When discussing mRNA localization determinants inneurons, a challenging issue comes from the finding that mRNAs canbe also localized in axons. For a long time, this possibility wasnot considered since the translational machinery did not seem to bepresent at significant levels in axons. Moreover, mechanismsensuring protein transport from cell bodies to the axonalcompartment were, on the contrary, present and efficient, thusmaking apparently unnecessary localized protein synthesis. However,findings of previous studies have demonstrated axonal localizationand translation of several mRNA (–), including the β-actin mRNA(–), which depends on the zipcoderecognized by ZBP1 for localization ().

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027 - Part 2 DNA & RNA — bozemanscience

Mature transcripts can be localized through at leastthree mechanisms: i) local protection from degradation, ii)diffusion and local anchoring, and iii) direct transport byinteraction with the cytoskeleton and cytoskeleton-associated motorproteins (–). Subcellular pre-localization ofmRNAs and locally regulated translation offer cells at least threeimportant advantages: i) energy saving: a high number of proteinmolecules can be obtained locally by transporting and translating asingle mRNA molecule; ii) efficacy/safety of protein production:some proteins may be harmful to the cells when synthesized in theincorrect location; the myelin basic protein (MBP), a majorcomponent of the axon-wrapping myelin sheet, produced in thecentral nervous system (CNS) by oligodendrocytes, is, for example,a sticky protein that potentially interacts with any cell membraneif produced in the cell body (,,); other proteins, such as actin,tubulin and microtubule-associated proteins, exist as differentisoforms, all able to form multimers/polymers; their localizedsynthesis allows the formation of only the right multimers; iii)differential translation regulation: in response to localsignaling, proteins may be synthesized only in the compartmentexposed to the signal (,).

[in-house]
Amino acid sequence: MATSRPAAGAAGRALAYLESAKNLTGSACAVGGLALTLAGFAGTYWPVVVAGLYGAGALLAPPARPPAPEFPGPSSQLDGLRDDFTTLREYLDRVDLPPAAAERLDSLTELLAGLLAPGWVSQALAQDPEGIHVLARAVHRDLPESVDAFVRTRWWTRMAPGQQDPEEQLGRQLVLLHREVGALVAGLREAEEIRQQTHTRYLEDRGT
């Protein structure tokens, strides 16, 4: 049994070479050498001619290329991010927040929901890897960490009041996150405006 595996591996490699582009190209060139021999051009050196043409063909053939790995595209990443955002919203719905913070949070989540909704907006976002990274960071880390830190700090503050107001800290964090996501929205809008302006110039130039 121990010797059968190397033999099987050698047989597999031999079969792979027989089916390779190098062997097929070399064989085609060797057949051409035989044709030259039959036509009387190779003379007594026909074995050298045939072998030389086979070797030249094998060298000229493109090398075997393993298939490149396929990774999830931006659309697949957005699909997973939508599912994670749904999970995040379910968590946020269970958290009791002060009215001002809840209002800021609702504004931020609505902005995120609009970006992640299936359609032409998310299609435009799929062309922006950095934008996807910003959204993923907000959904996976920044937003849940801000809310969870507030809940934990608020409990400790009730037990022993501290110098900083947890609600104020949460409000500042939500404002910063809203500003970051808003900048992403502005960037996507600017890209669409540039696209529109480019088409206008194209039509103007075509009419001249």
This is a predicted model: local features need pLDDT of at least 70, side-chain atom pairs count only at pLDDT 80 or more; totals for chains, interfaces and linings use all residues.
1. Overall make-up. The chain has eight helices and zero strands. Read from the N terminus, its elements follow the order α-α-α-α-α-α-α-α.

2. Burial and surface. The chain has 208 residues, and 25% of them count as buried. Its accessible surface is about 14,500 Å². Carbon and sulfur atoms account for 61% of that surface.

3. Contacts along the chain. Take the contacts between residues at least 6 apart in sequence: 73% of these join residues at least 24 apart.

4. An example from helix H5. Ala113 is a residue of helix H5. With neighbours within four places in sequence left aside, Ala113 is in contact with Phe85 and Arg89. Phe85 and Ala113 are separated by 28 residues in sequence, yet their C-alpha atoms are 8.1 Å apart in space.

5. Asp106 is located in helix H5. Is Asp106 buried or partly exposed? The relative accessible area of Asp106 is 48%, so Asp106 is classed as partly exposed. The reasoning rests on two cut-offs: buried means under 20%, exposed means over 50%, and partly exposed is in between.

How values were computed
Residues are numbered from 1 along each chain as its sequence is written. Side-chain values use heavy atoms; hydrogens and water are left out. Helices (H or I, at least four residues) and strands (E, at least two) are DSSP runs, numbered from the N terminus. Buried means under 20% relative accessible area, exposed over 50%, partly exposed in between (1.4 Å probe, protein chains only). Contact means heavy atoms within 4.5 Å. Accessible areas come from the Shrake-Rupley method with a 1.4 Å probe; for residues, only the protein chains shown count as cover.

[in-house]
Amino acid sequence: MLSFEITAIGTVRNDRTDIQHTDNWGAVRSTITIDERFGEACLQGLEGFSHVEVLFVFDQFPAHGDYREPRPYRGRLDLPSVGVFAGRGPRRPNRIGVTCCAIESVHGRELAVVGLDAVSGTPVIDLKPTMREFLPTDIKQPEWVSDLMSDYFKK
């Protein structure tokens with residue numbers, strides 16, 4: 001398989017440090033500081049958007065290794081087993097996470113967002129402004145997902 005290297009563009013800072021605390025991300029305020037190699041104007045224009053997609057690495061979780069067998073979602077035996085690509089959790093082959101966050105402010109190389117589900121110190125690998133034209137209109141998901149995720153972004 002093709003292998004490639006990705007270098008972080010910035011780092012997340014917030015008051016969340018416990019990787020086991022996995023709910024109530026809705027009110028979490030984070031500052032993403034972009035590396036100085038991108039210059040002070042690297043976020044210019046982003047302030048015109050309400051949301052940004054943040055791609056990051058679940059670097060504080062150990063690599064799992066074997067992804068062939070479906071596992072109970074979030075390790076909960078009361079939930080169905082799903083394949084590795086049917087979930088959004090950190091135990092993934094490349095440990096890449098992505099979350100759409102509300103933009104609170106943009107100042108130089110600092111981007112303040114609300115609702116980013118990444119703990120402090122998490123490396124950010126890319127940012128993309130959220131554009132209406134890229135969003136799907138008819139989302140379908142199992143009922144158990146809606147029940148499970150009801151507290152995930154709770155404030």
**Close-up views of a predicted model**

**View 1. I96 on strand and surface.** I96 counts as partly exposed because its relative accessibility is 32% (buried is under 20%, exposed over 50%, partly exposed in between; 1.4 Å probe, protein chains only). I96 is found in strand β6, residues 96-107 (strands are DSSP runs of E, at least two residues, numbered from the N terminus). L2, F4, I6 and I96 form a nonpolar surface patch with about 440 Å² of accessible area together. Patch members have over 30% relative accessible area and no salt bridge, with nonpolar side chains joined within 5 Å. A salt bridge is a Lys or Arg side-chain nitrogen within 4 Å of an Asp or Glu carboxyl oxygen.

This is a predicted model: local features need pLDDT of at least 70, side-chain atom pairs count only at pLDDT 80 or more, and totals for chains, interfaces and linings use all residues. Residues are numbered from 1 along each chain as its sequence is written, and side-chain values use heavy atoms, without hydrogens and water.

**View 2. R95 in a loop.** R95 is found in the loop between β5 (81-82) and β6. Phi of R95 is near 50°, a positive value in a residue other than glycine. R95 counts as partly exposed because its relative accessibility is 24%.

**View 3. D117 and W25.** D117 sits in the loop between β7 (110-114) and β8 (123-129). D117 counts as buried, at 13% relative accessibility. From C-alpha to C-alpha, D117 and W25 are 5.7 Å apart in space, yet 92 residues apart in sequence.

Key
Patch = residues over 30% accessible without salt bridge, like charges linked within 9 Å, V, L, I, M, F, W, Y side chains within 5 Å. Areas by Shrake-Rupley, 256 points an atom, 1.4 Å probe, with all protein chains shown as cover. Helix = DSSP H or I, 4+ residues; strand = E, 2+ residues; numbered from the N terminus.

DNA and RNA structures - What is Life HOME

Another well-studied factor involved in mRNAlocalization and, probably, modulation of translation is thealready mentioned HnRNP A2 which binds MBP mRNA, allowing itscorrect localization in the oligodendrocyte processes in whichmyelination occurs (). hnRNPF has been found to be a component of MBP transport granules, andto cooperate with HnRNP A2 in regulating MBP expression. Activityof this factor is controlled through phosphorylation by the Fynkinase (). HnRNP A2 wasfound in dendrites, in association with other hnRNPs, in largemacromolecular complexes (neuronal transport granules) that containmRNA, pre-mRNA splicing factors, and mRNA export factors (). The presence of proteins withdifferent roles in RBP granules is a common observation: forexample, the complex responsible for dendritic targeting of aCaMKII reporter contains PSF (polypyrimidine tract-bindingprotein-associated splicing factor), hnRNPU and Staufen 1RNA-binding proteins ().

DNA is a long polymer made from repeating units called nucleotides

Another domain, found in RBPs as well as inDNA-binding proteins, is the cold-shock domain (CSD), firstidentified in bacterial RNA chaperones and then found in a numberof eukaryotic proteins (Y-box proteins), which is able to interactwith single-stranded DNA and/or RNA (). In one of the best studiedCSD-containing proteins, the Xenopus protein FRGY2, the CSD wasshown to be important for the sequence-specific RNA-binding, whilea second tail domain was involved in translation repression(). Y-box protein (YB)-1, theprototypic member of the CSD-containing protein family, is both atranscription factor and a major component of mRNPs. We recentlydemonstrated that in nuclear extracts from rat brain, YB-1interacts with a group of proteins that bind the mRNA encoding thehistone variant H1°. Among these proteins another CSD-containingprotein, CSD-C2, also known as PIPPin (), was present ().